While I was at Euro I, perhaps predictably, picked up a few pieces. I have about five weeks until the next show (Scale Model Challenge over in the Netherlands), so I thought I’d try to get another piece done before then and one of the pieces I’d bought was conveniently small and pretty straightforward: ‘Broken’, which was sculpted by Christoph Eichhorn (perhaps better known as Trovarion) and sold through Mr Lee’s Minis.
I’d seen the sculpt ages ago, and then saw the artist’s own version at Herzog von Bayern earlier this year, which is pretty fab. Later on, Roman Gruba painted a version, too. There’s quite a lot to live up to.
Anyway, I cracked on with it today and pretty quickly discovered that the model is even better for painting than I’d thought. The ‘flexible’ panels over his shoulders and down his spine are especially paintable – I had a lot of fun doing a sort of dark green NMM effect. And then Martin had a Good Idea. Digital camo. Now, you’ll observe that it’s not really traditional digital camo, and there are a couple of reasons for this:
- I wasn’t confident I could get that really accurate.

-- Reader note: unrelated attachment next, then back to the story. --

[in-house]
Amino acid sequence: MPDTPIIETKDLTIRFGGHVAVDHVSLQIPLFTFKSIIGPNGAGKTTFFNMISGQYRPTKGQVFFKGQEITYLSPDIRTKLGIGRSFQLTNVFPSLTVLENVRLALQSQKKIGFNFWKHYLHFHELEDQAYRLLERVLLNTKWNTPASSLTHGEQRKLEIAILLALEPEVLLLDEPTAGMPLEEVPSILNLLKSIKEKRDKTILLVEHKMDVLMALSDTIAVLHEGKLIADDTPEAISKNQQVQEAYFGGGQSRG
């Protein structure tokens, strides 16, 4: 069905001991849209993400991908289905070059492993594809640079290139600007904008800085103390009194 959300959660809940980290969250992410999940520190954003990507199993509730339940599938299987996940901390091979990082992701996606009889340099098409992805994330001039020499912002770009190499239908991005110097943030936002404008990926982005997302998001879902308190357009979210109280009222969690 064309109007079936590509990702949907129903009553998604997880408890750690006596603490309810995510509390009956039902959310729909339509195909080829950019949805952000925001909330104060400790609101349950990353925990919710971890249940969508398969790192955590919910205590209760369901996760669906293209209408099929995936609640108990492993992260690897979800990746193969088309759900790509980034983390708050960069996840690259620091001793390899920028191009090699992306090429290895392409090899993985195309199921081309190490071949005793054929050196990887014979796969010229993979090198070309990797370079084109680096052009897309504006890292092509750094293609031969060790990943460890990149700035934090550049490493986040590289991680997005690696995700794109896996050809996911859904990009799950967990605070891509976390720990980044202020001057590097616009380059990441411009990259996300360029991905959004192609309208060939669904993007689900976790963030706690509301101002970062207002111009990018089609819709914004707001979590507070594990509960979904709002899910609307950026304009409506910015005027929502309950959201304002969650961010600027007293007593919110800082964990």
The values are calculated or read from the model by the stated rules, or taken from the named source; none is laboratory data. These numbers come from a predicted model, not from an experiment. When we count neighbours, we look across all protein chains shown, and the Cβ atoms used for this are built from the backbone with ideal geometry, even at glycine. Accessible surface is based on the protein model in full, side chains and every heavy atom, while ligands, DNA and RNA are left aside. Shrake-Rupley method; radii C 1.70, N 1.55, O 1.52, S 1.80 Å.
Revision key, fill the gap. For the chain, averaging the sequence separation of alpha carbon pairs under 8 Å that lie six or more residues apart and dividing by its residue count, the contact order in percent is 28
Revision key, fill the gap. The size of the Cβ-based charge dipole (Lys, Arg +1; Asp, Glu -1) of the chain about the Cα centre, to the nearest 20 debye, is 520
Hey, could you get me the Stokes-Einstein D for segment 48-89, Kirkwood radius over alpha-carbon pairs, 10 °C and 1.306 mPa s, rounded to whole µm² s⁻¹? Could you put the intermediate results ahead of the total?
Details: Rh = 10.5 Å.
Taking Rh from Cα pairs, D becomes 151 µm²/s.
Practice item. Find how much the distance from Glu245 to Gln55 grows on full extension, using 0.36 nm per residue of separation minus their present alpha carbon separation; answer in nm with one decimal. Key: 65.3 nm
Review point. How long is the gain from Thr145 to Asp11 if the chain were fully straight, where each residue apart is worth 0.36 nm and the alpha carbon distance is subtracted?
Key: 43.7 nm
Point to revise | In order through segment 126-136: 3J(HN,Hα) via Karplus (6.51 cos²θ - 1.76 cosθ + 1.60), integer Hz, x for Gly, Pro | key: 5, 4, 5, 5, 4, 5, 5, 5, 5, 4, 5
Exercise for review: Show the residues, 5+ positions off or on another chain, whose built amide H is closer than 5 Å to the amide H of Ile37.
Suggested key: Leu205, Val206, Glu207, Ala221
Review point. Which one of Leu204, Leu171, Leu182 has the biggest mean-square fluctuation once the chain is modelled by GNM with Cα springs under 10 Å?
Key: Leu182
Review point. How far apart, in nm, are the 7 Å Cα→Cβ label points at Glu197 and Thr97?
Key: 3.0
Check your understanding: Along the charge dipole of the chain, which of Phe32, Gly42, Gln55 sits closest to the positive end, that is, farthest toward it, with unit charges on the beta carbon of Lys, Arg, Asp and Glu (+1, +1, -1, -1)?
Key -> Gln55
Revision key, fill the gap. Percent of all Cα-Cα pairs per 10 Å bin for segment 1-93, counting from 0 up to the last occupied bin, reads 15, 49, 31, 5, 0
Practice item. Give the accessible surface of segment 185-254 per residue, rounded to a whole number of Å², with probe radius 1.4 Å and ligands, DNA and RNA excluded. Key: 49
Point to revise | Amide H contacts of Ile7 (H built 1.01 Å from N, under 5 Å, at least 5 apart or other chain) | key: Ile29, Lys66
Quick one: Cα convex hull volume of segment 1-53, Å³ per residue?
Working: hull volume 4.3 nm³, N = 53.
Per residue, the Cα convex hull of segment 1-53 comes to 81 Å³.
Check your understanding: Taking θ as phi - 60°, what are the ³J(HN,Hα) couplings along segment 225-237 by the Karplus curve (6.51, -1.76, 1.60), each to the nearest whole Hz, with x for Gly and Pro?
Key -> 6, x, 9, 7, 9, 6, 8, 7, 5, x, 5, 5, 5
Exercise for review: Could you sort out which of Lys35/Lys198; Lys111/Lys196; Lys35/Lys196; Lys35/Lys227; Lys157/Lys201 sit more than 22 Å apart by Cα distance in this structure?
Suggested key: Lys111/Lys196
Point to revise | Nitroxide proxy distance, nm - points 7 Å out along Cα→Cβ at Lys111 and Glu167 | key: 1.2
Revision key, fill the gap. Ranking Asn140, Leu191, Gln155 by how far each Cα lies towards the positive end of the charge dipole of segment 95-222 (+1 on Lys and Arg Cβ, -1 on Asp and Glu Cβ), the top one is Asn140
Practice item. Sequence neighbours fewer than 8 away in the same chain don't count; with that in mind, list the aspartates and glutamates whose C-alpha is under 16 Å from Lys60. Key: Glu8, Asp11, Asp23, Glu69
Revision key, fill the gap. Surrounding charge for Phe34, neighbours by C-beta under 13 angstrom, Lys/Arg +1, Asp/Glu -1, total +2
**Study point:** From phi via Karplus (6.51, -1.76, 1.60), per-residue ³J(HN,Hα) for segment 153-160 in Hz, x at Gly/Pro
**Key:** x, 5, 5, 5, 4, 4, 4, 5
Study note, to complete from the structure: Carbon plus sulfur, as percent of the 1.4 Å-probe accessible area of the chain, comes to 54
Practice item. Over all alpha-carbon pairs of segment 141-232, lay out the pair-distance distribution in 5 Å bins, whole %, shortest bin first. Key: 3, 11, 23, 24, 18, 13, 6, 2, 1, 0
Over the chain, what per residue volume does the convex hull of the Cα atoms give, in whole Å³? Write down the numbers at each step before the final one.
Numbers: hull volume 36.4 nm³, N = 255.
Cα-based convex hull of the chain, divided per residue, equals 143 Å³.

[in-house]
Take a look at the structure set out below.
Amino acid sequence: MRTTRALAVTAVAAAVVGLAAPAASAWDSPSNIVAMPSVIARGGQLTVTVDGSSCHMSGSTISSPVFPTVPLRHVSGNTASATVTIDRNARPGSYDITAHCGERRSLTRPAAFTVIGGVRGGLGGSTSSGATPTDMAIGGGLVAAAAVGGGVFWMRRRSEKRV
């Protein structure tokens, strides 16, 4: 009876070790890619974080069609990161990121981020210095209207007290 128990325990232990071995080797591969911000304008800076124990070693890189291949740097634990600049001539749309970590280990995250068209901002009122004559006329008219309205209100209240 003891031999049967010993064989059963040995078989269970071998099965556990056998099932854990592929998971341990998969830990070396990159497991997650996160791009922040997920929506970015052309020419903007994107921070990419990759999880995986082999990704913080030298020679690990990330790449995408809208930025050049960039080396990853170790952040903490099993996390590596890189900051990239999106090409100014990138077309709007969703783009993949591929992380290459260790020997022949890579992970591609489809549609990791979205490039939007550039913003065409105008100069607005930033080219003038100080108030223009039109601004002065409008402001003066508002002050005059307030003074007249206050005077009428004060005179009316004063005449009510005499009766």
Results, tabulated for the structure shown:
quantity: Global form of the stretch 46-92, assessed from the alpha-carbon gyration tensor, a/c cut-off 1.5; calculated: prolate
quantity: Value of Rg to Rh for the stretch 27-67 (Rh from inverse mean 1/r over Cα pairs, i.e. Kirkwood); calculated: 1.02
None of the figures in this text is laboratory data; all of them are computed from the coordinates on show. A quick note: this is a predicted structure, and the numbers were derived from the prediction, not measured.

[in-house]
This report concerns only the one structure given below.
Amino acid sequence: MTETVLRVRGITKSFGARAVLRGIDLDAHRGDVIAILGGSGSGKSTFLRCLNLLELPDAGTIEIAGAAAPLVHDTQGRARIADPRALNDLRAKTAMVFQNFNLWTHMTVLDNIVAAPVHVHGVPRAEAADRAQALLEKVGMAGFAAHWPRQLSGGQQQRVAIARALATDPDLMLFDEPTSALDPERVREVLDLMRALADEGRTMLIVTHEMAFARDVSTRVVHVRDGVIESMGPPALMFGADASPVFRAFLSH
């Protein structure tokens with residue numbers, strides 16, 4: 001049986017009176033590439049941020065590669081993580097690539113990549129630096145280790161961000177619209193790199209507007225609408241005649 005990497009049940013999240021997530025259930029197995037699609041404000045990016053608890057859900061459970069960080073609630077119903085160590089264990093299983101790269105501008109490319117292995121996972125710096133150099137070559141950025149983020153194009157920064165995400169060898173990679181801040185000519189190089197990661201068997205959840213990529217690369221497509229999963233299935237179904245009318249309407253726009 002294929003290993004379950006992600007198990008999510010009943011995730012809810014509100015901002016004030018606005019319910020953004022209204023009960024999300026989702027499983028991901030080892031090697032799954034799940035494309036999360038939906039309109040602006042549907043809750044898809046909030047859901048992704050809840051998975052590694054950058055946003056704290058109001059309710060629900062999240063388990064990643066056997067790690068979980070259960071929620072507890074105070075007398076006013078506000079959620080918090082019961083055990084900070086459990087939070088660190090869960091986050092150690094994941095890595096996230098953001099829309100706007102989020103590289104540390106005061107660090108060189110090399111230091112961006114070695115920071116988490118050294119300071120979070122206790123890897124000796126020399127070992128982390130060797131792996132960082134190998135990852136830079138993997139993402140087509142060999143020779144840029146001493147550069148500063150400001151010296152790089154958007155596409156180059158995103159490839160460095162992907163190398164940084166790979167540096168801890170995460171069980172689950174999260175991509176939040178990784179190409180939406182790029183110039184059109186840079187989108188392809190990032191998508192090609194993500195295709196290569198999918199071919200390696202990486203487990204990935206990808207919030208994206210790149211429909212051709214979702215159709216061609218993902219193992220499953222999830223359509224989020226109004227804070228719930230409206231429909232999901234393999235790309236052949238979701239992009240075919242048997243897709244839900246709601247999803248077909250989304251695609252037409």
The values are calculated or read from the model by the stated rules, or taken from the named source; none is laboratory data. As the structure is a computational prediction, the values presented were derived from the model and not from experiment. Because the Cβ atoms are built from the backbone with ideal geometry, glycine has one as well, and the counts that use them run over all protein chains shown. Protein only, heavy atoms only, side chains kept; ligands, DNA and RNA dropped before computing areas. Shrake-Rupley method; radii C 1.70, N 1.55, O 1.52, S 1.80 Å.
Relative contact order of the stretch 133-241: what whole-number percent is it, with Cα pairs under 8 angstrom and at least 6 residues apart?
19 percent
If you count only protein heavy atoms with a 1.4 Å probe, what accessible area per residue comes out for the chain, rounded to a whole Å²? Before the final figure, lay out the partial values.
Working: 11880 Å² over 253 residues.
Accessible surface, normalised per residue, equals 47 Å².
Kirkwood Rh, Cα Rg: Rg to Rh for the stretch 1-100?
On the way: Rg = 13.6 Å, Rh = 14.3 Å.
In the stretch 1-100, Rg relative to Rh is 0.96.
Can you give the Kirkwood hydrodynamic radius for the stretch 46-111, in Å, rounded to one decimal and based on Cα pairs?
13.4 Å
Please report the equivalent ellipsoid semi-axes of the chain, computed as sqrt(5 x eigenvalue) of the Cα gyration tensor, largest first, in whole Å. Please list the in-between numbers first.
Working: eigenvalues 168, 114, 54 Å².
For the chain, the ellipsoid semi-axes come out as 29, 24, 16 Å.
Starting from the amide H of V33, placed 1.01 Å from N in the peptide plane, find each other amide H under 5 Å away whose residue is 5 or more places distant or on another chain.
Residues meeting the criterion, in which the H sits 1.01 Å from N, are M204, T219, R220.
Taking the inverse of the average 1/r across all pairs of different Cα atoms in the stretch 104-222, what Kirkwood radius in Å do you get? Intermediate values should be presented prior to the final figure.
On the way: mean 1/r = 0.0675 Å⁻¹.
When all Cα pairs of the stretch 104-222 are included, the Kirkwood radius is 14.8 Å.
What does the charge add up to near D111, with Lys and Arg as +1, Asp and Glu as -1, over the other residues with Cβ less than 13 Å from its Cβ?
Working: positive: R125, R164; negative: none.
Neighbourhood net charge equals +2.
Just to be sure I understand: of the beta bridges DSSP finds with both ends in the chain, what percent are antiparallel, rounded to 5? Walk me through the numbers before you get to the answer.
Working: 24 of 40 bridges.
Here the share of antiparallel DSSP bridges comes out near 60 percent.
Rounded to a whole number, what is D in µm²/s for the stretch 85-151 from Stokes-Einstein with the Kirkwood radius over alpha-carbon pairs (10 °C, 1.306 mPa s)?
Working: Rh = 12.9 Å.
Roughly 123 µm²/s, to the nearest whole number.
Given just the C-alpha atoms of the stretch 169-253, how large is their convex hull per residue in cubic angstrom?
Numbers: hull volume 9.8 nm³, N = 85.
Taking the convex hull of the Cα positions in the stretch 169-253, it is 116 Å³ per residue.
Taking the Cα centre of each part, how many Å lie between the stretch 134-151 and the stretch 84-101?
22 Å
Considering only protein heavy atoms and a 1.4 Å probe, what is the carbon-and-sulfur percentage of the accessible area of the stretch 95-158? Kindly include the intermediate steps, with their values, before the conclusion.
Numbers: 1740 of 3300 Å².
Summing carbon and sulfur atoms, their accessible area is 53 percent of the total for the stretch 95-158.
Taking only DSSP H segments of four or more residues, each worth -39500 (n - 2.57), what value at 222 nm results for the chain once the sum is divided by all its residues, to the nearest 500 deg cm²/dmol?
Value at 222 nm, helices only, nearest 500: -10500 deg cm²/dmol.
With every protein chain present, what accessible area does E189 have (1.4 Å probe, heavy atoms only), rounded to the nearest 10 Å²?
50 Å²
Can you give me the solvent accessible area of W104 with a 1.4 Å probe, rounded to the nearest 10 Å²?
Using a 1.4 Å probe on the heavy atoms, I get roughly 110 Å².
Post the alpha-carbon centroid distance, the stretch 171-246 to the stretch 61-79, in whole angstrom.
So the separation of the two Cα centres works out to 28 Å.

- Camo is designed to break up shapes, but when we paint models we generally try to accentuate those shapes – we’re working with the volumes that are present (or, in some cases, not actually present, and in other cases we might try to make a volume disappear). So, doing an accurate digital camo could accidentally end up being counter-productive.
So doing a really accurate digital camo was pretty much out of the question. That’s fine, of course, because you only actually need to make a gesture towards it for people to look and think “That’s digital camo”. This is true of many things in painting: sometimes all you need are the right details for the viewer to interpret something more complex.
Anyway, here’s where I’m up to after a day’s work:
At the current rate, I might even have time to do another piece before SMC.